The era of transit-oriented development and “networked livable communities” has arrived.
The Great Recession has fundamentally changed the trajectory of both real estate and transportation in the United States. For the past century, our nation’s economy revolved around the production of vehicles, highways, sprawl, and more vehicles. Transportation policy emphasized a supply-side approach of building highways to increase the speed and mobility of our nation’s vehicular-based mobility system. However, in the 21st century, transportation’s focus will shift to a sustainable transport paradigm of managing existing infrastructure (as opposed to building new roads) and improving accessibility. This will be enhanced through transit-oriented development and “networked livable communities.”
As their name suggests, networked livable communities are networked into both the Internet and multi-modal transportation systems. They’re also networked into the professional economy: they are hubs and corridors of cafes, boutiques, restaurants, bars, and shared-office settings. They include art, live music, and animated street life. These communities are emerging in former warehouse and industrial districts, downtowns, historic districts, inner-suburbs, TODs, college-towns, and artistic communities that have bucked national trends over the past five years of decline and eroding land values. As the saying goes, “being in the right place at the right time” is important to source opportunities. Networked livable communities are the post-recession “right places.” Residents there network for jobs, business financing, new partnerships, and overall professional connectivity.
Several interrelated events have set the stage for sustainable transport and the rise of networked livable communities over the next several decades. During the first decade of the 21st century, America’s total vehicle miles traveled peaked. Since our transportation system is funded from the gas tax, the peaking of VMT means that we no longer have a growing source of federal funds to expand highways. The Great Recession also reduced suburban sprawl, which has lost favor with many Americans now looking to live, work, and play in denser, mixed-use areas. A recent study reported that close proximity to shopping and transit was important to the majority of Americans.
There is a pent-up demand for TOD, which is an important element for the success of networked livable communities. As a nation, we have built more than 4,500 fixed transit stations, most of which are rail. However, only 38 percent of these station areas achieve a minimum gross density of eight residential units per acre within a half-mile of the station — the level of density identified by researchers as needed to support transit usage. Density is also vital for business establishments to survive.
A study authored by John L. Renne with Reid Ewing reveals that TOD station areas have outperformed low-density transit adjacent developments (TADs) significantly in terms of sustainable commuting. TADs are the opposite of TODs; they are low-density, auto-oriented communities around rail stations which do not facilitate walking or transit ridership other than via car access. In 2010, nearly 53 percent of commuters in TODs traveled by transit, walking, or bicycling as compared to less than 16 percent living in low-density TAD station areas.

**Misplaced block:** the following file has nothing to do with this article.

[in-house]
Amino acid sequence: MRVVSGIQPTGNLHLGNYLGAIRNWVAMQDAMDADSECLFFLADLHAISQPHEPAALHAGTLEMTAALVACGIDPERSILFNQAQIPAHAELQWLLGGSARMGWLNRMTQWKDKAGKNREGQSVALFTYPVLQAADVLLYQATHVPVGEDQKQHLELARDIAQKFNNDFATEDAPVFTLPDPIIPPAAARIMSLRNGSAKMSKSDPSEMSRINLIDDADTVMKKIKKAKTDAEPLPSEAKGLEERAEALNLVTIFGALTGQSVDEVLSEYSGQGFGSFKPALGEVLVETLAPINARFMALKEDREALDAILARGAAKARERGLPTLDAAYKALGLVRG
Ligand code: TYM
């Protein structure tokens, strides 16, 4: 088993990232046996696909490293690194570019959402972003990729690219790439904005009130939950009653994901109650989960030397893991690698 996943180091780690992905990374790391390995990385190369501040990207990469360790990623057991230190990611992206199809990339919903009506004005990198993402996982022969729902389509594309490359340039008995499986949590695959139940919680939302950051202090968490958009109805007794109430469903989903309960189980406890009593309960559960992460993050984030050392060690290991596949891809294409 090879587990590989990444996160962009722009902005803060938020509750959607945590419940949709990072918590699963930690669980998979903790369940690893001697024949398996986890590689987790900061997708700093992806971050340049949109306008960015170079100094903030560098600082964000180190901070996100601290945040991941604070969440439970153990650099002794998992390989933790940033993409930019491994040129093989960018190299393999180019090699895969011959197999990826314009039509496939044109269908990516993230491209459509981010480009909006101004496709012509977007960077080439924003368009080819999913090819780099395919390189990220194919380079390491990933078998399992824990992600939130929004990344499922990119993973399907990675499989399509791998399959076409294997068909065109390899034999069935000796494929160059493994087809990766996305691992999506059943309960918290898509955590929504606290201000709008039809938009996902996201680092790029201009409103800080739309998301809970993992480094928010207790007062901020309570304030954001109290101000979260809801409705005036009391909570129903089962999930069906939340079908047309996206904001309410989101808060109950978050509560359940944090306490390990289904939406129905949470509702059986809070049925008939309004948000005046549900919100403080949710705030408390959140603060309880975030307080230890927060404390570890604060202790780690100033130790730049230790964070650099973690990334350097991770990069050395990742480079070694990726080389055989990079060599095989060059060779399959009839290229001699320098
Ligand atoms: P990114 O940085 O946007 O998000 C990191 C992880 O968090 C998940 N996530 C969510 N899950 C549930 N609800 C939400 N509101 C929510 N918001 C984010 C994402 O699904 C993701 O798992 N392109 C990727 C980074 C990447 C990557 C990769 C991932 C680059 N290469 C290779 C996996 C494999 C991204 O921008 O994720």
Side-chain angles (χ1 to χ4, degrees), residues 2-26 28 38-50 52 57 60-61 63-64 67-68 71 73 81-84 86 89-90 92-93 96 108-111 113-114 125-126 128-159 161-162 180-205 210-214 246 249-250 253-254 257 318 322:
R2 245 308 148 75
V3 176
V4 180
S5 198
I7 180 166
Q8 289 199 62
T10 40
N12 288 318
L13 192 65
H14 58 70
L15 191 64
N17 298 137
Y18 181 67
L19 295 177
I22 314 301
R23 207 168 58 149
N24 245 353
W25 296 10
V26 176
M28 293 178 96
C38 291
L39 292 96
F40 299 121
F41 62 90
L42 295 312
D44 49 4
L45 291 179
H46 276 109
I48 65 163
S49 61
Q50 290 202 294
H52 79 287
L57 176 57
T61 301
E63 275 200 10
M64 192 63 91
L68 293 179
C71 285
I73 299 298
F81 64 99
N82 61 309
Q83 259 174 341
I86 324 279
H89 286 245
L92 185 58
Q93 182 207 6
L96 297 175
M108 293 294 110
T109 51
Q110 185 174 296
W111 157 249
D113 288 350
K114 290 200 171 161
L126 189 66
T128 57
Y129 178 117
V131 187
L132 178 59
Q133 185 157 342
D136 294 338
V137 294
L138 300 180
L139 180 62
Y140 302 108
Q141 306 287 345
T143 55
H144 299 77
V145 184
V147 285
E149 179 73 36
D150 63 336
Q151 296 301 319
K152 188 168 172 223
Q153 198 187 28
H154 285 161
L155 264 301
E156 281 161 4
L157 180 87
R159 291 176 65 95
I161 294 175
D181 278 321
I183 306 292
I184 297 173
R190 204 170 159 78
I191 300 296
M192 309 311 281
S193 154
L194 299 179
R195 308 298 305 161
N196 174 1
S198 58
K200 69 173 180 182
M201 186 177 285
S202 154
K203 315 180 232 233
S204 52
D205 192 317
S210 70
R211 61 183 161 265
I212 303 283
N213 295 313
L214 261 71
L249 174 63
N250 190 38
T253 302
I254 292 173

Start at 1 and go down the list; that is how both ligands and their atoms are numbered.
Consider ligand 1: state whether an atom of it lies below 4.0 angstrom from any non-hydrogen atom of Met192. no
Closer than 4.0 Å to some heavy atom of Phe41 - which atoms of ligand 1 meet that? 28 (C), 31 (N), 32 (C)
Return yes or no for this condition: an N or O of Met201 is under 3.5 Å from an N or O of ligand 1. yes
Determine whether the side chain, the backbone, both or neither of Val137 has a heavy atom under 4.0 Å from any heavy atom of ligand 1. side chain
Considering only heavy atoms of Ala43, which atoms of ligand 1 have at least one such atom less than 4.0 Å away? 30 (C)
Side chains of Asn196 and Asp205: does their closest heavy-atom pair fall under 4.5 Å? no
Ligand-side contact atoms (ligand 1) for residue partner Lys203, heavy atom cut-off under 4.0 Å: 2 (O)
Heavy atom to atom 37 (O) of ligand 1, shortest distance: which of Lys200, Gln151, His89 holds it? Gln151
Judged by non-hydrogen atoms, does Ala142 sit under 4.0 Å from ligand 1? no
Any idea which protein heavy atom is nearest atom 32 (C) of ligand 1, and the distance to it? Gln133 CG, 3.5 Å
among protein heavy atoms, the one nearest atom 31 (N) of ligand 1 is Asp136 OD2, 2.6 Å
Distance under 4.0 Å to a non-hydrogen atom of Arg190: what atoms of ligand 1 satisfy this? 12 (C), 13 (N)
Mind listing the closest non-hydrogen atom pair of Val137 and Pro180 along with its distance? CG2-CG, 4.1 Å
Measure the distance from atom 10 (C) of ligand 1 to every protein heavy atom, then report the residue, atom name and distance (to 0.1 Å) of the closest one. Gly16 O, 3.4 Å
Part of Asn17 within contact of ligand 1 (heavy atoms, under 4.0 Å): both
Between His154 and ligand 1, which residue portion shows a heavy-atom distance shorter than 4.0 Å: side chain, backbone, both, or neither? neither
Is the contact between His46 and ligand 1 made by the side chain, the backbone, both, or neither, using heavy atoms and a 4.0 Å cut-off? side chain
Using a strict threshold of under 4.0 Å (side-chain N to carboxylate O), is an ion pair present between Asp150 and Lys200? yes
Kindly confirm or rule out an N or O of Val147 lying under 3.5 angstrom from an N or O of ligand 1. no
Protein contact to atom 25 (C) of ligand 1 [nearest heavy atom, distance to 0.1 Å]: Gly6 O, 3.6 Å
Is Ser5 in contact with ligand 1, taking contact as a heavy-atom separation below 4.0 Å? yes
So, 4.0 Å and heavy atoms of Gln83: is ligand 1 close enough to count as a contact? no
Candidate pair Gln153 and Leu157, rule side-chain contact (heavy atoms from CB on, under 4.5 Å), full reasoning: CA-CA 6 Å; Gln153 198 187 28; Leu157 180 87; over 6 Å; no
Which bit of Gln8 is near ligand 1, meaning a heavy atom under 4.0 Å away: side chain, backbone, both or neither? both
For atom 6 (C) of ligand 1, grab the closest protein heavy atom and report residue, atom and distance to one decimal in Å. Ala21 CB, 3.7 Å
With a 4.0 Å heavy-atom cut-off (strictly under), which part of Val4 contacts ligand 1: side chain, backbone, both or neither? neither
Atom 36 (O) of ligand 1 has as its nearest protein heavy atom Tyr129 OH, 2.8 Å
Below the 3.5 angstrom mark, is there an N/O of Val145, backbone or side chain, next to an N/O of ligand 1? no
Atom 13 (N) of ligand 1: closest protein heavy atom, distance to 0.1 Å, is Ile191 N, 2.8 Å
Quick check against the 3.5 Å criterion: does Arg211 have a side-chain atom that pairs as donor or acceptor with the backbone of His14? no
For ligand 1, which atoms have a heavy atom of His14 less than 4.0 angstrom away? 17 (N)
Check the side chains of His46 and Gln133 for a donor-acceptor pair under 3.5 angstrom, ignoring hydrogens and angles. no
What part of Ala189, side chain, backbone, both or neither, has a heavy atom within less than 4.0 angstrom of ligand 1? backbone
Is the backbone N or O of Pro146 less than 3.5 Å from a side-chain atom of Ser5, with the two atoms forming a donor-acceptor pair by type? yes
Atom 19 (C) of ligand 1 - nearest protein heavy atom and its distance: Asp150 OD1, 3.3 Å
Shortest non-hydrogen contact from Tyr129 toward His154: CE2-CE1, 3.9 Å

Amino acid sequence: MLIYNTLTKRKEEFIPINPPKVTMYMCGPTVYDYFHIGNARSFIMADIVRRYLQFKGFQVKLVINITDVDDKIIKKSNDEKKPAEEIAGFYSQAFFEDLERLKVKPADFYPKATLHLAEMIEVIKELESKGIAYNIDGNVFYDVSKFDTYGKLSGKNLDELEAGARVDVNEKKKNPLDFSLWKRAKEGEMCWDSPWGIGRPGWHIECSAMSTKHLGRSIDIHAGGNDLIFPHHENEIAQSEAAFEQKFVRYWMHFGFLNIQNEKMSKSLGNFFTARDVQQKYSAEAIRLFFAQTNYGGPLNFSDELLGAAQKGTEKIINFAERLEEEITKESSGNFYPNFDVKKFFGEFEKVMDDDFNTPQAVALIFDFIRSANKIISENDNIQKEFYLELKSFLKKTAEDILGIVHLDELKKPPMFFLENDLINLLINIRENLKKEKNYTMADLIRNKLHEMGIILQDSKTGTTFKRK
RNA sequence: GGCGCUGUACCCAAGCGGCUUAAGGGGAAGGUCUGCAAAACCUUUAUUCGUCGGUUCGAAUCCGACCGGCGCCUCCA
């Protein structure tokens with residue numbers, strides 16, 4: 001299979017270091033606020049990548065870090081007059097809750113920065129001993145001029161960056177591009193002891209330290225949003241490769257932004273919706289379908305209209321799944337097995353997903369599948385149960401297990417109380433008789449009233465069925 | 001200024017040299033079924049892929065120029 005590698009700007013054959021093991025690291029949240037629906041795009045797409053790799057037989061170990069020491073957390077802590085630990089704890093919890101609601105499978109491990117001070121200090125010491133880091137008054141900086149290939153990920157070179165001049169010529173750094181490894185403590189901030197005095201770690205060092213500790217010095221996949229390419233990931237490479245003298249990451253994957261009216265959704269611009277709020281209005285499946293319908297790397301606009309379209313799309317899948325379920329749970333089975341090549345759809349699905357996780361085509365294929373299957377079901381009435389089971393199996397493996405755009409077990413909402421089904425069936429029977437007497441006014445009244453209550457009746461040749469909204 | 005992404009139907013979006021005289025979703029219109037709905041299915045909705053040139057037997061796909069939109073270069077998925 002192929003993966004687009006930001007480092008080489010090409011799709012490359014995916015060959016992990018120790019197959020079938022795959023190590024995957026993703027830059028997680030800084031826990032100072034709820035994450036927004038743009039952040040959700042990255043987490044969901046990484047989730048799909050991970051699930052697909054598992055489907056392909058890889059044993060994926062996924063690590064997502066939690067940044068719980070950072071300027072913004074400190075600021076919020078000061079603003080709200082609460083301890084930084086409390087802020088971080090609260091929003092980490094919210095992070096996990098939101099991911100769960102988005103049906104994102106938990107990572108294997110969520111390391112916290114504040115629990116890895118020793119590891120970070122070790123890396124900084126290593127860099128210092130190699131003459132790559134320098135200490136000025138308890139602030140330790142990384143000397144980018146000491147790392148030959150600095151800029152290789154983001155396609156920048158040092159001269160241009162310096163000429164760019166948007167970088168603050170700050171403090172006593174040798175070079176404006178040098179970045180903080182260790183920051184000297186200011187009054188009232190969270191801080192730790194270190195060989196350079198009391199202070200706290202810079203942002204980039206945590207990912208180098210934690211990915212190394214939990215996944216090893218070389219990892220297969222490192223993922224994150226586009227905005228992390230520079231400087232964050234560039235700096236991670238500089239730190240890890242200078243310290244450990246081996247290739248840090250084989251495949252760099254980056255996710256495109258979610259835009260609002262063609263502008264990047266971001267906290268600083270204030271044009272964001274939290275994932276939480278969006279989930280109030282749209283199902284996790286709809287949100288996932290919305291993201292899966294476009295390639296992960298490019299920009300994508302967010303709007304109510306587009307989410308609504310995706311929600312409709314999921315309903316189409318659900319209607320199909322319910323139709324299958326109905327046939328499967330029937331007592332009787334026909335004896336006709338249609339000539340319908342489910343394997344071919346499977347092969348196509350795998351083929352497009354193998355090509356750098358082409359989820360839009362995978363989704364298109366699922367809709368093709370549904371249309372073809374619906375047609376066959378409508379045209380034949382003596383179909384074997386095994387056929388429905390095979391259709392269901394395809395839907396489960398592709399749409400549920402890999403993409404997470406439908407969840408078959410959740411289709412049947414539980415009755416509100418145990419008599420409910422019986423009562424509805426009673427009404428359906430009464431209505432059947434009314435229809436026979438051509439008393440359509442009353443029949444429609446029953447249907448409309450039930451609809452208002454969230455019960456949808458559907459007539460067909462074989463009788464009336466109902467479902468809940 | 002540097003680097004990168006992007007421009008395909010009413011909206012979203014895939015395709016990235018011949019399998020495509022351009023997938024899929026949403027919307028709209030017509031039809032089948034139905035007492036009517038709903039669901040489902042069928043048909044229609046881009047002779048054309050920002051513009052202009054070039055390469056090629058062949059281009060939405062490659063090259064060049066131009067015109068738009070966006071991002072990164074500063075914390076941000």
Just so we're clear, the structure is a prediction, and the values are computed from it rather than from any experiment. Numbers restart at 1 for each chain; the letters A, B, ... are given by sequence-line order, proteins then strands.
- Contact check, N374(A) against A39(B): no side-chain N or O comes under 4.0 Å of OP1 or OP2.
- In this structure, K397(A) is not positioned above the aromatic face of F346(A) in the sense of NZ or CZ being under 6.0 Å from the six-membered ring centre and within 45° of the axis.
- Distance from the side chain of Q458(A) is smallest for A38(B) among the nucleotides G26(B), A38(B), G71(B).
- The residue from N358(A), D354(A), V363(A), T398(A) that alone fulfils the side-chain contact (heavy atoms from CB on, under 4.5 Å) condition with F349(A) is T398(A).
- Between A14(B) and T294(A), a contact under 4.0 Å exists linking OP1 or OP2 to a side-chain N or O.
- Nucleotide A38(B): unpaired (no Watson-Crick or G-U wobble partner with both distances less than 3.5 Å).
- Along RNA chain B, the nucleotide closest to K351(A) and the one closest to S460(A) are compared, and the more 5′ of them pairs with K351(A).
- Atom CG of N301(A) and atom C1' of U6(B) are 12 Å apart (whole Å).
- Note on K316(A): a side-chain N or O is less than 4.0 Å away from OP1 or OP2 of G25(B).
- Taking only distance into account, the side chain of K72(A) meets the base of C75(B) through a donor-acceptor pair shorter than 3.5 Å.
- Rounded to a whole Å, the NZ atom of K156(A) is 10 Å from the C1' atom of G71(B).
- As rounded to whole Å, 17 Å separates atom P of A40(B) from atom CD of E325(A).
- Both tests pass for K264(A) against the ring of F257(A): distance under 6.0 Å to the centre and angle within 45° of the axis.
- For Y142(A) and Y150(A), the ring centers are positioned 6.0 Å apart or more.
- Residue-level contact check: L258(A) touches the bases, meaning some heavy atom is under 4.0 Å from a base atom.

Perhaps surprising, TADs in the U.S. are wealthier on average than TODs, earning $68,409 in household income compared with $51,335. However, TOD residents only spent 37 percent of their income on the combined cost of housing plus transportation compared to TAD residents, who spent about half their income. In other words, the location efficiency afforded to TOD households yielded them significantly more in disposable income than TAD households for the year. On average, TOD residents earn less but have about the same disposable income in comparison to their wealthier counterparts in TADs, who drive for most of their commute trips.
Given these findings, it’s no surprise that over time TOD home values have significantly outperformed the national market, including TADs. The TOD Index reveals that from 1996 to 2013, homes in over 449 TODs across the United States appreciated 325 percent, as compared with homes in 817 TAD station areas, which appreciated about 200 percent — same as the overall national market.
In sum, homes in TODs are worth more, which generates more local property taxes for cities. Residents spend less on housing and transportation costs, which means they have more money for other purchases from local businesses. The higher densities and higher share of non-car commuters means that transit agencies can earn more revenue by expanding TODs around vacant stations.
As Americans demand more networked livable communities, cities can begin with increasing densities around empty rail stations and incentivizing more TODs. Metro areas that build at 8 units per acre (4,000 residential units or 10,000 people per station area) around all empty stations could accommodate 26.4 million of the next 100 million Americas by 2050 in such locations. Much of the transportation infrastructure is already there, but local investments are needed around stations to unlock their potential. Local zoning reform is also paramount. Adding this density would go a long way to enabling networked travel including walking, bicycling, and other modes to increase overall accessibility towards a sustainable transport system.
This article is written by John L. Renne & originally appeared in CityLab.